From Xplor for Kids
August 2013 Issue

Jaws of Life

Publish Date

Aug 01, 2013

Birds use beaks to weave nests, groom feathers, fight attackers, and capture food. With so many uses, it isn’t surprising that beaks come in all shapes and sizes. To see for yourself, sneak a peek at this buffet of beaks.

  • Great blue herons wade slowly through shallow water. When the leggy, long-necked fishmunchers spot dinner … Splash! They jab their spear-like beaks into the drink. Herons usually trap prey between their beaks, but sometimes a heron uses its beak to actually spear a fish.
  • Pileated woodpecker and common yellowthroat: Noppadol Paothong august/september 2013 i 7 Northern shoveler: Jim Rathert A ruby-throated hummingbird’s whirring wings run on flower power. To refuel, hummers stick their skinny snoots deep in a blossom and use their long tongues to lick up the energy-rich nectar inside.
  • Pileated woodpeckers bang their sharp, burly beaks against trees. The holes they hammer out contain carpenter ants and other insects that hungry woodpeckers capture with their extra long tongues.
  • Common yellowthroats are itty-bitty birds that hop quickly through tangled vegetation. Along the way, they use their tweezer-like beaks to pluck insects off leaves and snap up spiders from hidey-holes in bark.
  • Comb-like ridges called lamellae (lah-mel-lay) line the edges of a northern shoveler’s beak. Lamellae work like a spaghetti strainer. When a shoveler scoops a mouthful of marsh water, the water flows out, but seeds and insects get trapped for the duck to munch.
  • A northern cardinal’s stout snout is made for cracking seeds. Grooves in the cardinal’s upper beak hold seeds steady while its sharp lower beak swings shut, crushing each seed’s tough shell. Birds don’t have teeth to chew food, so they swallow it whole. (Wouldn’t your mom be horrified ?) But big critters are tough for birds to choke down. Red-tailed hawks use their sharp, hooked beaks to shred squirrels and rabbits into bite-sized nuggets. The tips of a red crossbill’s upper and lower beaks don’t line up — they’re crossed. But this bird doesn’t need braces. Its beak works just fine. Crossbills wedge their freaky beaks into pine cones, using the crossed tips to pry the cones open and pluck out seeds.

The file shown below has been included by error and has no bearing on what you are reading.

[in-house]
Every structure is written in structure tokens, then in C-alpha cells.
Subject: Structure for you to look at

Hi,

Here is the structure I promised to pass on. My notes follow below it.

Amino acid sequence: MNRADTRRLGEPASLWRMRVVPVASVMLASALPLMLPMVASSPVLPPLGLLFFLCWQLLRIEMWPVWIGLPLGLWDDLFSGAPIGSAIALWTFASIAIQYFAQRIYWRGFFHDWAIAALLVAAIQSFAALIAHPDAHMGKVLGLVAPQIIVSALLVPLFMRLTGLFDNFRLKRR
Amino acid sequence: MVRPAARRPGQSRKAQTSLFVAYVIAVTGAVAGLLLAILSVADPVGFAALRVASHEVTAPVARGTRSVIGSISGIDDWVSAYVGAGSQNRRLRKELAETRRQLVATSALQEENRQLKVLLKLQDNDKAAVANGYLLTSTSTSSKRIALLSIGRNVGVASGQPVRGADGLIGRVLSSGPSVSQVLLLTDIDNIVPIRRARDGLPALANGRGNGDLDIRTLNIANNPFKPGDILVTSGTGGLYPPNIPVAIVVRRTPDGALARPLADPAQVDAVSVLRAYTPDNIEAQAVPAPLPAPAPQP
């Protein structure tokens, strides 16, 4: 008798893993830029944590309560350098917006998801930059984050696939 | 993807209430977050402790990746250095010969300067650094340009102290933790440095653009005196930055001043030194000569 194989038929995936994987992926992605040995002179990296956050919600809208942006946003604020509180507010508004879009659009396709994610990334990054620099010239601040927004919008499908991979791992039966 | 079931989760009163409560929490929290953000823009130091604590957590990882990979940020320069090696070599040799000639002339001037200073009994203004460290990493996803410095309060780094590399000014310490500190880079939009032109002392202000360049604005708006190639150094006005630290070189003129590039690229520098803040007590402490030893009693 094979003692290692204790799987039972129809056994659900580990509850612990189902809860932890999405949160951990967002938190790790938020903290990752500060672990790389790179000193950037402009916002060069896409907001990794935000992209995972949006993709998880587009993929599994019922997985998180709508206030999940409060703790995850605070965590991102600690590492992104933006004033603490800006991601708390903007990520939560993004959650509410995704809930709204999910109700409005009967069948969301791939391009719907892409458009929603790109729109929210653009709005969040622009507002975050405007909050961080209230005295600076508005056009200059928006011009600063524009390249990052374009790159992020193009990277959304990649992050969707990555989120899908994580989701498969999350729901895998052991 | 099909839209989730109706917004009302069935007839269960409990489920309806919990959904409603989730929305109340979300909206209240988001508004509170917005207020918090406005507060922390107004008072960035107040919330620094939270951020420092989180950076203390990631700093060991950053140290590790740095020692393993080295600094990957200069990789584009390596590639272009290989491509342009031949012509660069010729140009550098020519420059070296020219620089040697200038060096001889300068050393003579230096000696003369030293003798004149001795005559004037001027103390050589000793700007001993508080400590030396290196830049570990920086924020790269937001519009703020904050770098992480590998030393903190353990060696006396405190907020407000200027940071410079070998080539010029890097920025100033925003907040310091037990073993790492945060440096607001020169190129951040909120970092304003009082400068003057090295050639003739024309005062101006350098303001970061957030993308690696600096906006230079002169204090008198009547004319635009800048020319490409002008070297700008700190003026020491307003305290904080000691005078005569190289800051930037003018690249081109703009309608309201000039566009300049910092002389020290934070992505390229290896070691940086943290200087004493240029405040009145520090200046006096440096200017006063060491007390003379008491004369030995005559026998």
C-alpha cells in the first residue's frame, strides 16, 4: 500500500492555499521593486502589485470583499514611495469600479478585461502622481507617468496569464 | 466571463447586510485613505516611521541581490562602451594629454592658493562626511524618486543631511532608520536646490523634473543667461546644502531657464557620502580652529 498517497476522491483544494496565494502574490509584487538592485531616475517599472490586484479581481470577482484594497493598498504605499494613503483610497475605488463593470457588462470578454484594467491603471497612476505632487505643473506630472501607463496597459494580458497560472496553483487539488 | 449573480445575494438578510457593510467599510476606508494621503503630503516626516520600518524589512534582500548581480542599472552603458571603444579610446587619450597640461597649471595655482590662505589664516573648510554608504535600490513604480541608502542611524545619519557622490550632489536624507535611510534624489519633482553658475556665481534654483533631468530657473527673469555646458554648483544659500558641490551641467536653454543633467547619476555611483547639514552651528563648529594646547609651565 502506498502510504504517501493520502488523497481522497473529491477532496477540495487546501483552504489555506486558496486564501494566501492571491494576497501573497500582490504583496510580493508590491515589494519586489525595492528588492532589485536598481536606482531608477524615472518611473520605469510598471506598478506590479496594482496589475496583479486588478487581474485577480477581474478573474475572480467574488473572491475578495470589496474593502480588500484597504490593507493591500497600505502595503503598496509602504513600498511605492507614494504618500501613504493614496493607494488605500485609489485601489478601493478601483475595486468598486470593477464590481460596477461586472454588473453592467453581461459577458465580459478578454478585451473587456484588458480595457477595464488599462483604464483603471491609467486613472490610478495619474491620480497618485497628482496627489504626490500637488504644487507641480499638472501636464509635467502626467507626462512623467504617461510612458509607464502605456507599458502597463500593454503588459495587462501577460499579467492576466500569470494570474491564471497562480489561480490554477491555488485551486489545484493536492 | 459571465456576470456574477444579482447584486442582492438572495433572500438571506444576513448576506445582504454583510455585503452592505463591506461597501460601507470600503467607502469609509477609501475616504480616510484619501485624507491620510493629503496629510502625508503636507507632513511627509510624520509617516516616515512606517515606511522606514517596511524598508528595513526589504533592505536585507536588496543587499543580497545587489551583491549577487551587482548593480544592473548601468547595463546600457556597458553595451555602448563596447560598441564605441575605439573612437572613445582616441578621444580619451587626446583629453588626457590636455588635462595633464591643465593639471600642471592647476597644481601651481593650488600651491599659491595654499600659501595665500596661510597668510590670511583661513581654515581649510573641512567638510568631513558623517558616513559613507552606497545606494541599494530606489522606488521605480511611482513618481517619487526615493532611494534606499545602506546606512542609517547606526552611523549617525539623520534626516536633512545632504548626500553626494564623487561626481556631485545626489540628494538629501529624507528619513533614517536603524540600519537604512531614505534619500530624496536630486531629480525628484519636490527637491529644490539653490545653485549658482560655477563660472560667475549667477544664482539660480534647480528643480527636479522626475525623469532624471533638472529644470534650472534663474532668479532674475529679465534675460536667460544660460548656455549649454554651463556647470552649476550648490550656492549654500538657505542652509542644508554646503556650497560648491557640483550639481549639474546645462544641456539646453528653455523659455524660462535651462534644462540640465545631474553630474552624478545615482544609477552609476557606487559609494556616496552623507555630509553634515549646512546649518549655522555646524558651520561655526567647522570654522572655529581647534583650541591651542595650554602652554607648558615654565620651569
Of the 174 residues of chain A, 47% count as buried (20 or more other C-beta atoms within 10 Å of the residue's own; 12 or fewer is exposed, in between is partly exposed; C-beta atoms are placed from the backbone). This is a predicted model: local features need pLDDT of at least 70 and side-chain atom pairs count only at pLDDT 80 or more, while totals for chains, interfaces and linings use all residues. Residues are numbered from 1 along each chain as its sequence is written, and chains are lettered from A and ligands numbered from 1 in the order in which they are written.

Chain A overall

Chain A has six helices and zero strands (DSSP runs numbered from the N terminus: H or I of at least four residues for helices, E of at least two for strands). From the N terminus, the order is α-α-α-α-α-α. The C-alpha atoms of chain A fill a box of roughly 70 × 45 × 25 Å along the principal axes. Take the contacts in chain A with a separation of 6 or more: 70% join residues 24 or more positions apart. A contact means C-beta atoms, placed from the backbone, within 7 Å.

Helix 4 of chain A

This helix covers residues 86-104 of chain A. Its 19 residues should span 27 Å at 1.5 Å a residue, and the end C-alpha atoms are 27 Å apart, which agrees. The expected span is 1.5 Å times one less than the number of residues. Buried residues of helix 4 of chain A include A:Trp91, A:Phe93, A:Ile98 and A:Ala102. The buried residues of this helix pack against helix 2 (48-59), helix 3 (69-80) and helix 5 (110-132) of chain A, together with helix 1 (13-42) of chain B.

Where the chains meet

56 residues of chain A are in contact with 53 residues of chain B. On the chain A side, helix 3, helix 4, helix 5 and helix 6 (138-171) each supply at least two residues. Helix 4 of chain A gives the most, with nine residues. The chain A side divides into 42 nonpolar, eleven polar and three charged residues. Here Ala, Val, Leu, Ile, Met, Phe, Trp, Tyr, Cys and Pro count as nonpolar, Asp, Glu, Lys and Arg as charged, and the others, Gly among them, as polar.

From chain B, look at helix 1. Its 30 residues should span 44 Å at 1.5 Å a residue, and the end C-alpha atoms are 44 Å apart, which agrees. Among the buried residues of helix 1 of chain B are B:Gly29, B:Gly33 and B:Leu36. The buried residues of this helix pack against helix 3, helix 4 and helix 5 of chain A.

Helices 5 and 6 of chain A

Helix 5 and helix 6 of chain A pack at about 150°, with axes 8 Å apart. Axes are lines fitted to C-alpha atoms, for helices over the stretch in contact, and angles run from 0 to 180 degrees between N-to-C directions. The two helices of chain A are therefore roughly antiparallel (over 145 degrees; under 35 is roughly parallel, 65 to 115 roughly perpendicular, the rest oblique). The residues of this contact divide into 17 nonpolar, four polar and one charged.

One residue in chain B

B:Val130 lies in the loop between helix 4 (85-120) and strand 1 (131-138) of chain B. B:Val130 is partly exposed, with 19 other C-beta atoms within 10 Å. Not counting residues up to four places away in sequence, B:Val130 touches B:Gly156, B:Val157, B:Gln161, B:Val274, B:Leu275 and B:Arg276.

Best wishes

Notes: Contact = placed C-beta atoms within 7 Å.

• A wilson’s snipe buries its beak in mud to slurp up wiggly worms and insects. The tip of the snipe’s super-sized schnoz can be opened while the rest of its beak stays closed. The tip is also super sensitive, helping the snipe feel hidden prey.
  • If a common merganser manages to get its beak around a minnow, the lucky duck doesn’t want di nner to swim away. To keep that from happening, a merganser’s beak has pointy, toothlike lamellae that are perfect for holding slippery fishies.
  • When an American white pelican wishes for fishes, it plunges its beak underwater like a dip net. With a single scoop, the bigbeaked bird gathers three gallons of water — and several unlucky fish. It tips its beak to drain the water and swallows any fish left behind.

 

Also in this issue

You Discover

With summer winding down and autumn gearing up, there’s plenty to discover outside in August and September.

Predator vs. Prey: Roadrunner vs. Collared Lizard

The struggle to survive isn't always a fair fight. Here's what separates nature's winners from its losers.

How To: Read a River

Floating an Ozark stream is tons of fun, but tipping your canoe can be a drag.

Shadow Cats

Although they’re common throughout Missouri, bobcats dwell in the shadows, all but invisible to most people.

Wild Jobs: Katydid Wrangler Rhett Hartman

Mizzou student Rhett Hartman wrangles katydids to get inside the minds of these singing insects.

Strange But True

Your guide to all the unusual, unique, and unbelievable stuff that goes on in nature.

This Issue's Staff:

David Besenger
Les Fortenberry
Karen Hudson
Regina Knauer
Noppadol Paothong
Marci Porter
Mark Raithel
Laura Scheuler
Matt Seek
Tim Smith
David Stonner
Nichole LeClair Terrill
Stephanie Thurber
Cliff White

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